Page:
The incredible uptrend that investors in Nvidia Corp. have enjoyed this year, fueled by the artificial intelligence (AI) hype, may be coming to an end. However, history suggests that instead of a straight downturn, investors may have to weather some volatile trading within a relatively stable range before the uptrend resumes.
On Wednesday, the stock (NVDA) closed at $425.54, marking a 4.7% decline and landing 10.4% below the record close of $474.94 on July 18. This drop was attributed to a disappointing earnings report from Super Micro Computer Inc., a key supplier for Nvidia.
According to Wall Street experts, a correction is defined by a decline of at least 10% to 20% from a significant peak, while a drop of 20% or more is considered a bear market.
Chart followers will find it noteworthy that the stock closed below the widely tracked 50-day moving average (50-DMA) for the first time since January 6, 2023. On Thursday’s morning trading session, the stock experienced a modest 0.5% bounce but remained below the 50-DMA, as reported by FactSet.
Despite the recent correction, Nvidia’s stock still boasts an impressive year-to-date increase of 192.6%, significantly outpacing the PHLX Semiconductor Index (SOX) with a climb of 43.7% and the S&P 500 (SPX) with an advance of 17.2%.
Read: Nvidia is ‘domination’ and predicts unlocking $300 billion in AI revenue by 2027, analyst says.
For many chart watchers, the 50-DMA serves as a short-term trend indicator. A stock above this line is regarded as being in an uptrend, with the strength of the trend correlating to the amount of time spent above the line.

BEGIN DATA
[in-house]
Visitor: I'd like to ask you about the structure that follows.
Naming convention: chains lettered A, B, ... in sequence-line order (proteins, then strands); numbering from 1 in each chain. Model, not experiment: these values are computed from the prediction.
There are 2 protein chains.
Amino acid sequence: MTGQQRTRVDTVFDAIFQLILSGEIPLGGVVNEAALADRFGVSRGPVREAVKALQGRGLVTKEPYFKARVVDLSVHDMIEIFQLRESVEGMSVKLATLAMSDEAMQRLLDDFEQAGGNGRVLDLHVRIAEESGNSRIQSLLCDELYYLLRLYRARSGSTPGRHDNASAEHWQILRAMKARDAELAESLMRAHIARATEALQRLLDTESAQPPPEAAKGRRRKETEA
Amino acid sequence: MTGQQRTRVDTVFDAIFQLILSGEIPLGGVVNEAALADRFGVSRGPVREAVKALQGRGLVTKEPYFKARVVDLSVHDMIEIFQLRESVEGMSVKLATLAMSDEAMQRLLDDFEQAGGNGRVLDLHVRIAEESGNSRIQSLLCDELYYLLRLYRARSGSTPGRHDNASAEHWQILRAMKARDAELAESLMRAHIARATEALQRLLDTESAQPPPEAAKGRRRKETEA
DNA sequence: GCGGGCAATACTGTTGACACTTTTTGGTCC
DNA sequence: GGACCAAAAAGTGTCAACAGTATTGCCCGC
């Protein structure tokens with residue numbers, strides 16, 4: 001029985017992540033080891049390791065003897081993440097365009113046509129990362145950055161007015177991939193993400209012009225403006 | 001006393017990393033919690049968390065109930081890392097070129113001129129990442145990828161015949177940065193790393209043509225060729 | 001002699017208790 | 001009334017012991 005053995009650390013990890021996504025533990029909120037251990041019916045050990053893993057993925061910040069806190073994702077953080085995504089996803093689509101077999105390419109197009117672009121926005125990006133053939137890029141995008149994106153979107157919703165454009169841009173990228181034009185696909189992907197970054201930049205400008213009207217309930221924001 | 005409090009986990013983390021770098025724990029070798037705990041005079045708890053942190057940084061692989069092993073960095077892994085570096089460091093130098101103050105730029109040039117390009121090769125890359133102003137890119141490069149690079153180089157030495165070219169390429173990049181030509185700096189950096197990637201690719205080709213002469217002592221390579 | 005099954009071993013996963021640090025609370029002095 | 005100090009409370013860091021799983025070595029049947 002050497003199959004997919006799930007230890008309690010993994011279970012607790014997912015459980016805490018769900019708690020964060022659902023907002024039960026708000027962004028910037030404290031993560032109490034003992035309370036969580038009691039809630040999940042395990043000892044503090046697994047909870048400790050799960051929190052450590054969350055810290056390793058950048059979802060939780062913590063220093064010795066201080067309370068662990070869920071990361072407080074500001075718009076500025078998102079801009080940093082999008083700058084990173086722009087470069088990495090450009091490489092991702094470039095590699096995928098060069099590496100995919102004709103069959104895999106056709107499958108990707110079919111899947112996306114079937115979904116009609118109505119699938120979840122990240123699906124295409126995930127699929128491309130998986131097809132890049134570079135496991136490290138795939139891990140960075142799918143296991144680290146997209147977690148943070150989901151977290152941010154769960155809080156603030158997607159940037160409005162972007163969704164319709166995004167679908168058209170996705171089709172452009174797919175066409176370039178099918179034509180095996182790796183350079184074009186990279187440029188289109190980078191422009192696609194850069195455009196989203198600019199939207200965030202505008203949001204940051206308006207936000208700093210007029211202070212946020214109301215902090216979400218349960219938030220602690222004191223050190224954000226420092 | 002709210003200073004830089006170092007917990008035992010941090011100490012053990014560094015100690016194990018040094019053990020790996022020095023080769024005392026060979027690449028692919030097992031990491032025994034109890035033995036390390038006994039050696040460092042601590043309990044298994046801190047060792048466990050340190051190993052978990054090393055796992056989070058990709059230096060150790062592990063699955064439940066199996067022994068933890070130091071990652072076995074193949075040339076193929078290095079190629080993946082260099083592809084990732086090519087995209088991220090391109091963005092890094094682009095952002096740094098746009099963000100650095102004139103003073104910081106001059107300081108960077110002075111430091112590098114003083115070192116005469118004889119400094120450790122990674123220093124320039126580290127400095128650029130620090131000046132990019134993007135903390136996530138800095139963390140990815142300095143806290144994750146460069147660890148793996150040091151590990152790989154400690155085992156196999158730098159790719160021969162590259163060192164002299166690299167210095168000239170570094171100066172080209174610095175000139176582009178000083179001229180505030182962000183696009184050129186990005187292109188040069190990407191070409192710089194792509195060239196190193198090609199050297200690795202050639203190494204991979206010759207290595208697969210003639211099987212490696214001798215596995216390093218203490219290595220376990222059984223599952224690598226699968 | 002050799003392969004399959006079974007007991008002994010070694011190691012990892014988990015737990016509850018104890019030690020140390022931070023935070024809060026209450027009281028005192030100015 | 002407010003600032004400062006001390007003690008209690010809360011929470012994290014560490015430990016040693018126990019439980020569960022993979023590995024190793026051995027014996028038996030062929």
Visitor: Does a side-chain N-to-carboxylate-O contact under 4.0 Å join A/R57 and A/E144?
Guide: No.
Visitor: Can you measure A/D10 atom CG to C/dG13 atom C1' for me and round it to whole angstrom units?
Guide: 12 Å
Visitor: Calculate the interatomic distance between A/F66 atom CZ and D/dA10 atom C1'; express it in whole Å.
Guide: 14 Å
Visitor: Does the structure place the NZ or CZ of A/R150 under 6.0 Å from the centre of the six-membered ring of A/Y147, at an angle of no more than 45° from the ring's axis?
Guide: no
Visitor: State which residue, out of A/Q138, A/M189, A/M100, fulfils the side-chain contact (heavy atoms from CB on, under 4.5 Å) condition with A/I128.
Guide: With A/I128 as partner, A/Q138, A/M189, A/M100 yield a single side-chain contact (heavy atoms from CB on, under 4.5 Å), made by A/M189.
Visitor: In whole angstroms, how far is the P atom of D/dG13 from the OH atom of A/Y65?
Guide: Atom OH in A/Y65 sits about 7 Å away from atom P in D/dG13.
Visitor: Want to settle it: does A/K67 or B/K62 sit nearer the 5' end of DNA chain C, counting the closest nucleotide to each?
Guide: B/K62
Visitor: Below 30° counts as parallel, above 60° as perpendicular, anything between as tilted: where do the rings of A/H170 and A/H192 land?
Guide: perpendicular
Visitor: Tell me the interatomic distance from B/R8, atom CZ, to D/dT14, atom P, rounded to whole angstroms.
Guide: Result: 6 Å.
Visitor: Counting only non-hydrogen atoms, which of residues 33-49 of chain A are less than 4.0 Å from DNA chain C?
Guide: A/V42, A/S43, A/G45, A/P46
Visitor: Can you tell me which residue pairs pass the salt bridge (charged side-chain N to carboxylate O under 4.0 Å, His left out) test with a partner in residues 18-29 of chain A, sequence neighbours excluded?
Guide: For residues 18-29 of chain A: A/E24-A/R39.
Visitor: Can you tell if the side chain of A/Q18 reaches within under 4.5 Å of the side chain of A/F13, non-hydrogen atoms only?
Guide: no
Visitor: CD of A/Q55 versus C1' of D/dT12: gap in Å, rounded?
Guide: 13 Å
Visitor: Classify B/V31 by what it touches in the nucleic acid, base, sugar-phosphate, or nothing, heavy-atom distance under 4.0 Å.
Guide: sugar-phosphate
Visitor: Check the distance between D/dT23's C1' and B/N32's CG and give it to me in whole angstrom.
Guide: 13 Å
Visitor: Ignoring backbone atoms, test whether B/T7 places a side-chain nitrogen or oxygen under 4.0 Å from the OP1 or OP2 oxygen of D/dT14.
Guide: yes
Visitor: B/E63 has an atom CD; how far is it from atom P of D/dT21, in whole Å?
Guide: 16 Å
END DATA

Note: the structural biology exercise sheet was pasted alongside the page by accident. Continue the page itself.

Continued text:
Nvidia’s Stock Performance: A Historical Streak
Until Wednesday, Nvidia’s stock had impressively closed above the 50-DMA (50-day moving average) for 146 consecutive trading sessions, a remarkable feat since its public debut in January 1999. This striking stretch stands as the second-longest in the company’s history.
The record-breaking streak of consecutively closing above the 50-DMA lasted for an impressive 255 sessions. However, it eventually came to an end on February 23, 2017. The second-longest streak, consisting of 143 sessions, concluded on October 28, 2020.
Following its break from the super-50-DMA streak in 2020, Nvidia’s stock experienced some volatility but remained relatively stable for several months before resuming its upward trend with a significant spike.
Looking at the chart provided above, we can observe that once the stock breached the 50-DMA, investors shifted their focus towards the 200-DMA (200-day moving average), considered by many as a crucial threshold separating longer-term uptrends from downtrends. Despite a brief dip below the 200-DMA in mid-March 2021, it acted as a robust support level.
After the extraordinary super-50-DMA streak, the stock fluctuated around the line with a slightly negative bias for a few months before regaining its upward momentum.
Interestingly, during this period, the stock never truly posed a threat to the 200-DMA.
In the current technical landscape, there are a couple of downside levels to monitor closely. One key level is the bear-market threshold, which sits at a 20% decline from the July closing high. This level is currently priced at $379.95. Additionally, investors should keep an eye on the 200-DMA, which presently stands at $269.63 and has shown consistent daily growth of $1.65 over the past 10 days.